For anyone who has ever worked in an environment where there was too much work for too little staff, it’s likely you can see the problem emerging already. For example, it has been estimated that there exists 1 qualified ASL interpreter for every 300 Deaf/ASL users. Coupled with the already incredible rate of turnover in most customer service settings, there is also a troubling rate of burnout among ASL interpreters. The vicarious trauma and physical exhaustion that ASL interpreters experience, coupled with being overworked due to the shortage of qualified interpreters are specific reasons for burnout. Additionally, there are communication issues that tend to stem from third-party calling systems like VRS. Even if the ASL interpreter is highly fluent in the language, he/she must also relay the signed and spoken languages with remarkable efficiency while also picking up subtleties of tone in the spoken language and nuances of physical expression on the video side of the Deaf caller. On top of that, he/she must demonstrate a high level of knowledge and cultural understanding not only of the Deaf/Hard of Hearing Community, but also of the organization with which he/she is currently communicating. He/she typically communicates with dozens of different industries and organizations on a daily basis, during just one VRS shift, as well.
Naturally, superheroes like the one I just described are in painfully short supply. This leads to a variation in interpreter skill that can add to frustrations for all three parties to the VRS call—ASL caller, interpreter, and customer service representative. It also means that a female interpreter might sometimes have to perform sensitive calls for a male ASL user, and a male interpreter for a female ASL user. This might not seem like a big deal, but keep in mind that it sometimes takes a significant amount of call time just to get the customer service agent (who can’t actually see the caller over the phone) to understand why he/she is listening to a female voice for a male customer, or vice versa. Sometimes Deaf customers utilizing VRS must rely on someone who isn’t as well-versed in the terminology, products or other key factors of the organization he/she is trying to call, or someone who doesn’t stress the appropriate words or translate words perfectly. These hurdles can lead to herky-jerky, confusing, conversations that not only lack warmth and feeling, but cause inaccurate communication to occur, misinformation, errors and dissatisfied customers.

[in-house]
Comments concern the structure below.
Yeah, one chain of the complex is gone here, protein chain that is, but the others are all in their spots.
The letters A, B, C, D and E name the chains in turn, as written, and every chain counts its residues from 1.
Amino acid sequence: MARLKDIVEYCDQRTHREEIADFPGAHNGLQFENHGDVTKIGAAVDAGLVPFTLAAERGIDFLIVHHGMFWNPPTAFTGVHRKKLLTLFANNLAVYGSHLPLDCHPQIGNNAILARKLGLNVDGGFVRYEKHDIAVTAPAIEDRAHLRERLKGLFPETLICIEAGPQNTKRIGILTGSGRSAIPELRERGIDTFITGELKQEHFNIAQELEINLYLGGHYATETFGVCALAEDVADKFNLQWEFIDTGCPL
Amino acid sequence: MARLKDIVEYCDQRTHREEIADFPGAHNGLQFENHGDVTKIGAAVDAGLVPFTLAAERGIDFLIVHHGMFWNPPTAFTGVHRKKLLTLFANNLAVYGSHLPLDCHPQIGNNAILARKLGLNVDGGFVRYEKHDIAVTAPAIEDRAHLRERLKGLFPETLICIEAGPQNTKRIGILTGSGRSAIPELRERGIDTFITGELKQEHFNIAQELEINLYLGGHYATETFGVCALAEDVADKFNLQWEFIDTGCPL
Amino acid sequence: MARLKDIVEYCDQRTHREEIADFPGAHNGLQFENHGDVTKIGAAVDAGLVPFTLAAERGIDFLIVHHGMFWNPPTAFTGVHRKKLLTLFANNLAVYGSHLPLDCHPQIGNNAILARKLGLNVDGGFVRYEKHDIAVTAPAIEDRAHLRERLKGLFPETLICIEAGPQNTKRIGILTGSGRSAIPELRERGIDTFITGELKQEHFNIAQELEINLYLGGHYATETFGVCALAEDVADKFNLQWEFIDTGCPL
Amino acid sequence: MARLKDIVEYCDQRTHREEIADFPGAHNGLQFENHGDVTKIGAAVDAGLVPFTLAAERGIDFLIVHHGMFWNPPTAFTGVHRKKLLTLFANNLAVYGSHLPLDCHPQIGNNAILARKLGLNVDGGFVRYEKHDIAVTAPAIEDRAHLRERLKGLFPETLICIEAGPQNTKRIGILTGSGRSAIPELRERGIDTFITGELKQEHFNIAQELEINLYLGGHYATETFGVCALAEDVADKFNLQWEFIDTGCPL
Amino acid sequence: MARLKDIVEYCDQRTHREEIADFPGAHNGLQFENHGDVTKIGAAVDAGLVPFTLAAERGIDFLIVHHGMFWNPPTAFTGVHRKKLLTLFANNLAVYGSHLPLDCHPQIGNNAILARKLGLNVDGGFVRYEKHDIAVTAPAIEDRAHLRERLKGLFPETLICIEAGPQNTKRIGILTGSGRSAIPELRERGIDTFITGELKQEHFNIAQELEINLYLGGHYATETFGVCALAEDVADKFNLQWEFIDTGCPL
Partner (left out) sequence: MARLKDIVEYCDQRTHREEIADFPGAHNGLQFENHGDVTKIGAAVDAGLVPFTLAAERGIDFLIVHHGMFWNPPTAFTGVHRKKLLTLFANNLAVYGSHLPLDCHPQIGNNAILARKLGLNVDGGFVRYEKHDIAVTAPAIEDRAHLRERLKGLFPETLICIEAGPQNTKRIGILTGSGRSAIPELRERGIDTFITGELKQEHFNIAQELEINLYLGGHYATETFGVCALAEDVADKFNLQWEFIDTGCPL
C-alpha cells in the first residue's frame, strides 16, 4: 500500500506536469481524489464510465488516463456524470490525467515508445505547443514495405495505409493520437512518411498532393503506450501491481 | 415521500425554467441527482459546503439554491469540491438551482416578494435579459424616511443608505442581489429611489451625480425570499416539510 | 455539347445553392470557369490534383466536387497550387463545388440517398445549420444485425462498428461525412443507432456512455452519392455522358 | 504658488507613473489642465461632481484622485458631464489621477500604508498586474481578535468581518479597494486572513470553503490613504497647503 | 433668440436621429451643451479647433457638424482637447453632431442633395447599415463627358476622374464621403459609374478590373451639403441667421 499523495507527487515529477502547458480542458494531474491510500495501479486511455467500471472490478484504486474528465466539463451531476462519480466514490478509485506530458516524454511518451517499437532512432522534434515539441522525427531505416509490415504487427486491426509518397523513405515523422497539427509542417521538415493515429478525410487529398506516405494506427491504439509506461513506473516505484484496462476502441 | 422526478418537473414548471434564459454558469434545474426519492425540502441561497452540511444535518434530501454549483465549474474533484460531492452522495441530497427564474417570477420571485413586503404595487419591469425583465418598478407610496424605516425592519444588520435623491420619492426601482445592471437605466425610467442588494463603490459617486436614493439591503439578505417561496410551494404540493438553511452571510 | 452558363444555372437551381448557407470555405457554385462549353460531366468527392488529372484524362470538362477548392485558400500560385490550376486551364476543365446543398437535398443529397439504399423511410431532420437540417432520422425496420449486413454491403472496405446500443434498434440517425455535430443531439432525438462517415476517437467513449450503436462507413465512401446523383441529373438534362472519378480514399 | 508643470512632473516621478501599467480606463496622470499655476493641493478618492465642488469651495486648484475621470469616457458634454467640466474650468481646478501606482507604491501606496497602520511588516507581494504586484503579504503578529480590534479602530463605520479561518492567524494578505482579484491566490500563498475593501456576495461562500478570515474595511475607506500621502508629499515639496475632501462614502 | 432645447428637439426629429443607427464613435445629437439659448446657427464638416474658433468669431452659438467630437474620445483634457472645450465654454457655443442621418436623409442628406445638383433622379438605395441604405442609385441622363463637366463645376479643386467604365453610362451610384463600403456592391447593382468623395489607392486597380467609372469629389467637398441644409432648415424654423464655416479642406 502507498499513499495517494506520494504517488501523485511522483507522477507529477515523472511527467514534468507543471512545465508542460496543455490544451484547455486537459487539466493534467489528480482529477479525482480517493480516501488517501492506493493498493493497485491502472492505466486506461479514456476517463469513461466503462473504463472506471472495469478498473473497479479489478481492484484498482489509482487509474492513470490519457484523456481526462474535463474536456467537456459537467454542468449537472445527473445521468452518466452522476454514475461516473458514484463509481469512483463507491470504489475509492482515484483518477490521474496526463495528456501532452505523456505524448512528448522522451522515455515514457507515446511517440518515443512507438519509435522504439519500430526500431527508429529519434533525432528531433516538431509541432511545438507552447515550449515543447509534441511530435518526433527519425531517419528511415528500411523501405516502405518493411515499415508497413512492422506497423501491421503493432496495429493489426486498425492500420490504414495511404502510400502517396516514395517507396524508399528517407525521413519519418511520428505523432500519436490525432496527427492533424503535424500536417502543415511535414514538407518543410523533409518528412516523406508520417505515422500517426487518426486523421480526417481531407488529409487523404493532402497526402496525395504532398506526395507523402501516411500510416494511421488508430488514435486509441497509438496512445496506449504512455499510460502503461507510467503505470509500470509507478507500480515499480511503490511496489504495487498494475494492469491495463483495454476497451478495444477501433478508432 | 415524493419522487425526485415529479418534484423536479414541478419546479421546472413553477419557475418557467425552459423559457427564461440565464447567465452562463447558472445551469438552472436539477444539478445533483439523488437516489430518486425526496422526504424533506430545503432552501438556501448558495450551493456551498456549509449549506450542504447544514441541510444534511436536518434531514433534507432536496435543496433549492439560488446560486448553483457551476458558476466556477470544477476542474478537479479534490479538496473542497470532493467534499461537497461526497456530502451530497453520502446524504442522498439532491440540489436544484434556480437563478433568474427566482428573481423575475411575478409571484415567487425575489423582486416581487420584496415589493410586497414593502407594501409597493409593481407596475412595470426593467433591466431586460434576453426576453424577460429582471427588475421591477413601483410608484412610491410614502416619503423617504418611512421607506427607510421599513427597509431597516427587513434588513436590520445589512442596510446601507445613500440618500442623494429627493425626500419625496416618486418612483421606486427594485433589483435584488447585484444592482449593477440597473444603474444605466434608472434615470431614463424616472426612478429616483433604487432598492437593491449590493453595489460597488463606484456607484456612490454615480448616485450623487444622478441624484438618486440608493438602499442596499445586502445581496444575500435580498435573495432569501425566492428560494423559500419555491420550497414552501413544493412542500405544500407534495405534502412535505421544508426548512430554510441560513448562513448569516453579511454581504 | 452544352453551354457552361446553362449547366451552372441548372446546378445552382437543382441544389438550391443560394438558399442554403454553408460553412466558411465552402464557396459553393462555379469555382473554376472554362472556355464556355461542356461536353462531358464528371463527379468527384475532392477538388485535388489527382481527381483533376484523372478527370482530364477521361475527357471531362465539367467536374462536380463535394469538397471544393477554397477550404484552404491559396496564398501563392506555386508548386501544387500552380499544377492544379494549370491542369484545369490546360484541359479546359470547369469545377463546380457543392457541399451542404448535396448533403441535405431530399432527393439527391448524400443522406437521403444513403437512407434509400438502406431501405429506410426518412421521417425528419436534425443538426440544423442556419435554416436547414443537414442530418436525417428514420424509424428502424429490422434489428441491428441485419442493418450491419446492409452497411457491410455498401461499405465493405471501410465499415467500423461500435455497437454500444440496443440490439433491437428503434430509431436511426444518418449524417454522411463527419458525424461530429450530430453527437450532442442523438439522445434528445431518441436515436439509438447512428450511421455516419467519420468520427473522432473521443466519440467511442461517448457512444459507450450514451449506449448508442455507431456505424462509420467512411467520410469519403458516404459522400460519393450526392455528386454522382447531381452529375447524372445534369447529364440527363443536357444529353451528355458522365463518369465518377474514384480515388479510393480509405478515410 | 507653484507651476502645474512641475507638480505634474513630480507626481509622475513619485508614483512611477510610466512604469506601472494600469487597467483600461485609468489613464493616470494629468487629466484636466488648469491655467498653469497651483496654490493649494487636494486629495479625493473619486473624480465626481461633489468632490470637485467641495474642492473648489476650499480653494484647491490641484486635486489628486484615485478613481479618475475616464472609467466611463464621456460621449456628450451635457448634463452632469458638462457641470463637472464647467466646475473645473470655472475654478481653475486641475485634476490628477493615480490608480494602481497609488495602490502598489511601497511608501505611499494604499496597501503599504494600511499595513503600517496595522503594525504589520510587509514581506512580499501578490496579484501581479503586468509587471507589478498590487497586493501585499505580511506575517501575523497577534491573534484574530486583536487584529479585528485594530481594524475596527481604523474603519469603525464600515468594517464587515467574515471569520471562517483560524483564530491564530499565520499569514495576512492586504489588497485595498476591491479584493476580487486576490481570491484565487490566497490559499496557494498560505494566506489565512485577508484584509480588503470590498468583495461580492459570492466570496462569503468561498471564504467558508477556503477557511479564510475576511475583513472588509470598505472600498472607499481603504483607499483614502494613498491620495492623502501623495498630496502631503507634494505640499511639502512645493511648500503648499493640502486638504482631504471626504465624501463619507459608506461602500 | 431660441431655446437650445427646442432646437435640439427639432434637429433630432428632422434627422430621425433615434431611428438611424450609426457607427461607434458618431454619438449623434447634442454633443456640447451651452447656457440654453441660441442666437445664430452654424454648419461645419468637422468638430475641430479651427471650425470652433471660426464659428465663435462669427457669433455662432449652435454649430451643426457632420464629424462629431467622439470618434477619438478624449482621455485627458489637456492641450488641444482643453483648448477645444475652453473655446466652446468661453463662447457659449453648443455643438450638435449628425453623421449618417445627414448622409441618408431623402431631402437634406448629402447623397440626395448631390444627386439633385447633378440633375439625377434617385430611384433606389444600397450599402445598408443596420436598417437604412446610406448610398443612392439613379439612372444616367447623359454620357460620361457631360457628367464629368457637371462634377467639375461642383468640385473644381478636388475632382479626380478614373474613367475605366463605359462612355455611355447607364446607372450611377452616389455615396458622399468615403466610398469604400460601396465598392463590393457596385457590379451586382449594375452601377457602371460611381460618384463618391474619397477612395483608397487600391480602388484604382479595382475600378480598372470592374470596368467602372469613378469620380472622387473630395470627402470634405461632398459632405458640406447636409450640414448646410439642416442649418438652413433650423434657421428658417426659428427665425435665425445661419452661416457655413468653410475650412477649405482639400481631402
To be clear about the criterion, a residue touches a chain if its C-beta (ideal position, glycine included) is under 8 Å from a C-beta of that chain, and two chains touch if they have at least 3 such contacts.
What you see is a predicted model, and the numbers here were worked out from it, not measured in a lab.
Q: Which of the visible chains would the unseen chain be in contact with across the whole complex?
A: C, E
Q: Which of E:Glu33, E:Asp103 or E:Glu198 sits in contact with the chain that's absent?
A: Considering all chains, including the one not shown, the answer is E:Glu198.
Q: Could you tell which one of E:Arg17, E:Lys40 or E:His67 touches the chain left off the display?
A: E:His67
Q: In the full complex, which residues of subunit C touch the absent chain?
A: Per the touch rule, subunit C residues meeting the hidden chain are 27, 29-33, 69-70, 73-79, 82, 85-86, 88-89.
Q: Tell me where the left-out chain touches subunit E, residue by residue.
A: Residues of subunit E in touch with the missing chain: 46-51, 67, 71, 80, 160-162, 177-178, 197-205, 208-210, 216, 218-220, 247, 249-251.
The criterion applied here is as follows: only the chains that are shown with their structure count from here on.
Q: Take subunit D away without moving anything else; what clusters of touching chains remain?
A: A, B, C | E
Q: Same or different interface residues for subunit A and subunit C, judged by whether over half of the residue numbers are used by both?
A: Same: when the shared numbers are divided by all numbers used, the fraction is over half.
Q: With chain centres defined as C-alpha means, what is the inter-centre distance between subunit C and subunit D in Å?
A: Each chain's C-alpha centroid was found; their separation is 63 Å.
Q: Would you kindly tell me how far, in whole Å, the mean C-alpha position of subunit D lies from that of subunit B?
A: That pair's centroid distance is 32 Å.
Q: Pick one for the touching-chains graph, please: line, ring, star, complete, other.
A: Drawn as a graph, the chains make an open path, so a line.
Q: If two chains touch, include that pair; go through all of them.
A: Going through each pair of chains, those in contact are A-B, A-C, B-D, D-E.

So imagine you are an ASL interpreter working in an understaffed setting. You have to be sharp and quick with both your spoken and signed languages. You must be well-versed in an improbably broad array of organizational cultures, messages, and manners of speech. You have to be able to speak/sign capably to dozens of key points that emerge out of dozens of American industries, regions and cultures. You have to know Deaf/Hard of Hearing culture and understand the nuances of speech associated with ASL as well as spoken languages. You have to be skilled with running a call that is partially video and partially audio. And you have to conjure all of this knowledge quickly and efficiently. Then, after your ten-minute call with one client, you hang up and move on to the next client—who may be from a different part of the country, a different sex, a different age, and has a wholly different reason for his/her call to a completely different organization/industry. Are you exhausted yet?